Time-restricted eating may improve metabolic health in type 2 diabetes

While the debate about the efficacy of various dietary regimens continues, new research on the impact of a restricted eating protocol details the potential metabolic benefits of such an approach in adult patients with type 2 diabetes.

A randomized crossover trial evaluating a 3-week time-restricted feeding regimen, which restricted intake to a 10-hour period, compared with a control regimen, study results suggest that adherence to time-restricted feeding was associated with a reduction in 24-hour glucose levels and a nearly 3-hour increase in mean time spent in the normal glucose range.

“Time-restricted eating is a novel strategy to improve metabolic health and has been proposed to counteract the harmful effects of eating throughout the day by limiting food intake to daylight hours. To date, only a few studies have examined the metabolic effects of time-restricted eating in adults with type 2 diabetes,” the investigators wrote.

As major organizations, accrediting bodies, and educational institutions begin to emphasize the role of nutrition in disease management, research interest in dietary regimens has grown along with it. The current study, which was led by investigators from the NUTRIM School of Nutrition and Translational Metabolism Research at Maastricht University Medical Center, was designed to test the investigators’ hypothesis that impairments in metabolic rate in adults with type 2 diabetes were due to due to a disorder. -Cycle fasting eating and adhering to a time-restricted eating regimen may improve metabolic health beyond the purported weight loss benefits.

As such, the study was designed as a randomized crossover study to compare the effect of food restriction over a 10-h daily time frame for 3 weeks under free-living conditions on hepatic glycogen utilization and insulin sensitivity in adults with type 2 diabetes. Conducted between April 2019 and February 2021, the study enrolled 14 adults with type 2 diabetes. Patients had a mean age of 67.5±5.2 years, 50% were female and mean HbA1c was 6.4±0.7 % in base.[paretheeffectoflimitingfoodintaketoaf10-hourdailytimeframefor3weeksinfree-livingconditionsonhepaticglycogenutilizationandinsulinsensitivityinadultswithtype2diabetesConductedbetweenApril2019andFebruary2021thestudyenrolled14adultswithtype2diabetesThepatientshadmeanageof675±52years50%werefemaleandthemeanHbA1cwas64±07%atbaseline[paretheeffectoflimitingfoodintaketoaf10-hourdailytimeframefor3weeksinfree-livingconditionsonhepaticglycogenutilizationandinsulinsensitivityinadultswithtype2diabetesConductedbetweenApril2019andFebruary2021thestudyenrolled14adultswithtype2diabetesThepatientshadameanageof675±52years50%werefemaleandthemeanHbA1cwas64±07%atbaseline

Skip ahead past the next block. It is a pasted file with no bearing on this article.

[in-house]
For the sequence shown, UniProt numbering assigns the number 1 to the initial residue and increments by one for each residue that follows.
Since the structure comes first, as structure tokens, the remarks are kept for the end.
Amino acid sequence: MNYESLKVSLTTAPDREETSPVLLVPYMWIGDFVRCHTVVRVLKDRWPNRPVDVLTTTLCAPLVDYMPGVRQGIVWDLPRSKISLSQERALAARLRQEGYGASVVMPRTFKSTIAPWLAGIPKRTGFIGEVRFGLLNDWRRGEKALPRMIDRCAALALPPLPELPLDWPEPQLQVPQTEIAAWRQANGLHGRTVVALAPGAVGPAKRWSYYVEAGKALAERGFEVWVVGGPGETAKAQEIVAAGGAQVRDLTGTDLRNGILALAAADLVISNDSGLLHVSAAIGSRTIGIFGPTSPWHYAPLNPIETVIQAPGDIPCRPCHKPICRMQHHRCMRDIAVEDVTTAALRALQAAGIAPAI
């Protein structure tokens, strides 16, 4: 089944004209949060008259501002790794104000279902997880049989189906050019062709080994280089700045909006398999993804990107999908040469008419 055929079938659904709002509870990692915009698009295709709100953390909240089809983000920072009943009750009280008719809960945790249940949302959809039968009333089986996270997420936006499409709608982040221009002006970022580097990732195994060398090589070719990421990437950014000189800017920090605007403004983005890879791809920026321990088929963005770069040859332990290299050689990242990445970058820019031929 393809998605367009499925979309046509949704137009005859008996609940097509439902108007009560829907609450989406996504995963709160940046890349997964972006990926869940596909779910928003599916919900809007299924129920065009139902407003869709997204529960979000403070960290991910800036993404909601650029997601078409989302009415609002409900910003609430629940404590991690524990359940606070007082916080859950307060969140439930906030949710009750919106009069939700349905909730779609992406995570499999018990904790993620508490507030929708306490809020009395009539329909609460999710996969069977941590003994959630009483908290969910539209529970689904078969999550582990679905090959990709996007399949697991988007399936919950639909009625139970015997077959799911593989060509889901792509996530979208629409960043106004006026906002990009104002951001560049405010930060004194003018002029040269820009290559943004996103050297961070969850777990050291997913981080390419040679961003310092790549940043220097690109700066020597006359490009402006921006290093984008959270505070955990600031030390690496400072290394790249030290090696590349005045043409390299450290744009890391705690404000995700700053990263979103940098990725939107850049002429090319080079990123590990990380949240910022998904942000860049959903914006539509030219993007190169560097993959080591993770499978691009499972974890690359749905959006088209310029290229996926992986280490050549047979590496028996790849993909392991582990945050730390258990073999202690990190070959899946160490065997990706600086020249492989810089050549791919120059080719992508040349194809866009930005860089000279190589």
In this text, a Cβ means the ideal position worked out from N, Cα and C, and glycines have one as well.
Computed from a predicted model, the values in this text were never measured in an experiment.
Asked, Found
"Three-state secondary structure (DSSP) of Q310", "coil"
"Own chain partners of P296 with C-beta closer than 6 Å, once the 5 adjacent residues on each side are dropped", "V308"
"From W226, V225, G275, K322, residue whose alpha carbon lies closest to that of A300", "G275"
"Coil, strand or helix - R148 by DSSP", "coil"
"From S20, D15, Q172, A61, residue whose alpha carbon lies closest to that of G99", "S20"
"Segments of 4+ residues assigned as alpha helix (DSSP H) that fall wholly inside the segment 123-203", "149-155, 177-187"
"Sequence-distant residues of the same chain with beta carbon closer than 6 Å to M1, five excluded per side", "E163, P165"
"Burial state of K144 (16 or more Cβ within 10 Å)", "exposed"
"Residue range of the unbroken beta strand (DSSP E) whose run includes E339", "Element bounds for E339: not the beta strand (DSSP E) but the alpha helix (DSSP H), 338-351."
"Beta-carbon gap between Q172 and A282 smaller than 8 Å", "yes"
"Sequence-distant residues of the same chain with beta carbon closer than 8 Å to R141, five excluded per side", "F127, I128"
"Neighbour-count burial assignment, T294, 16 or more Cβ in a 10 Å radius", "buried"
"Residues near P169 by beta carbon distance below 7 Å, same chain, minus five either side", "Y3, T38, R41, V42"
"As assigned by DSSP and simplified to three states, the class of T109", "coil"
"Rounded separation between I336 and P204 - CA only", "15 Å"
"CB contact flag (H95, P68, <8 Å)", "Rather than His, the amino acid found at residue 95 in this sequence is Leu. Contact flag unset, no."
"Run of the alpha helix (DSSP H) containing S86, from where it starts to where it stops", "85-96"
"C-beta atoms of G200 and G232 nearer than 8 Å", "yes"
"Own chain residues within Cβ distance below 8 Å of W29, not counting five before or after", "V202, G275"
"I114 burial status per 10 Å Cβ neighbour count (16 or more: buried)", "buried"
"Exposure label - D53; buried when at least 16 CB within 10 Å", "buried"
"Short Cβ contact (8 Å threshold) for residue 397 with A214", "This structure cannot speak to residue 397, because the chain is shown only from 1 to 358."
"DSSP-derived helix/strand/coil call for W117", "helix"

As part of the study protocol, during the 3-week time-restricted eating intervention, participants were instructed to consume their typical diet within a 10-hour period during the day, with the last meal completed no later than 6 p.m.: 00. In the control group, volunteers were instructed to consume their typical diet for at least a 14-hour period each day. The investigators noted that all patients received a continuous glucose monitoring device at the beginning of each intervention period. In addition to hepatic glycogen levels and insulin sensitivity, the study also included other outcomes of interest, including glucose homeostasis, 24-hour energy expenditure, substrate oxidation, hepatic lipid content, and skeletal muscle mitochondrial capacity.

At the end of the trial, the results showed that liver glycogen content was similar between the restricted eating regimen and the control (0.15±0.01 vs 0.15±0.01 arbitrary units; P=.88) and had no significant impact on M values ​​with time-limited feeding compared to the control regimen (19.6±1.8 vs 17.7±1.8 μmol kg−1 min−1; P=.10). Furthermore, the results suggested that there was no significant effect on hepatic and peripheral insulin sensitivity with time-restricted feeding (P=.67 and P=.25, respectively).

However, the investigators observed an increase in insulin-induced nonoxidative glucose disposal with time-restricted feeding compared to the control regimen (4.3±1.1 vs. 1.5±1.7 μmol kg−1 min−1; P=.04). Further analysis also revealed that time-restricted eating was associated with increased time spent in the normoglycemic range (15.1±0.8 vs 12.2±1.1 hours per day; P=.01) as well as a decrease in fasting glucose (7.6±0.4 vs 8.6±0.4 mmol/l; P=.03) and 24-hour glucose levels (6.8±0.2 vs 7.6±0.3 mmol/l; P <.01). The investigators noted that while energy expenditure over a 24-hour period was not affected, a decrease in 24-hour glucose oxidation was observed with time-restricted eating (260.2±7.6 vs. 277.8±10 .7 grams per day; P=.04)

“Despite the lack of changes in hepatic glycogen and insulin sensitivity, we found that our 10-hour time-restricted feeding protocol reduced 24-hour glucose levels in individuals with type 2 diabetes, primarily driven by decreased of glucose at night,” the investigators wrote. . “Notably, time-restricted feeding also decreased overnight fasting glucose, increased time spent in the normal glucose range, and decreased time spent in the high glucose range, all of which are clinically relevant variables in type 2 diabetes .”

This study, “Three weeks of time-restricted eating improves glucose homeostasis in adults with type 2 diabetes but does not improve insulin sensitivity: a randomized crossover trial,” was published in Diabetology.

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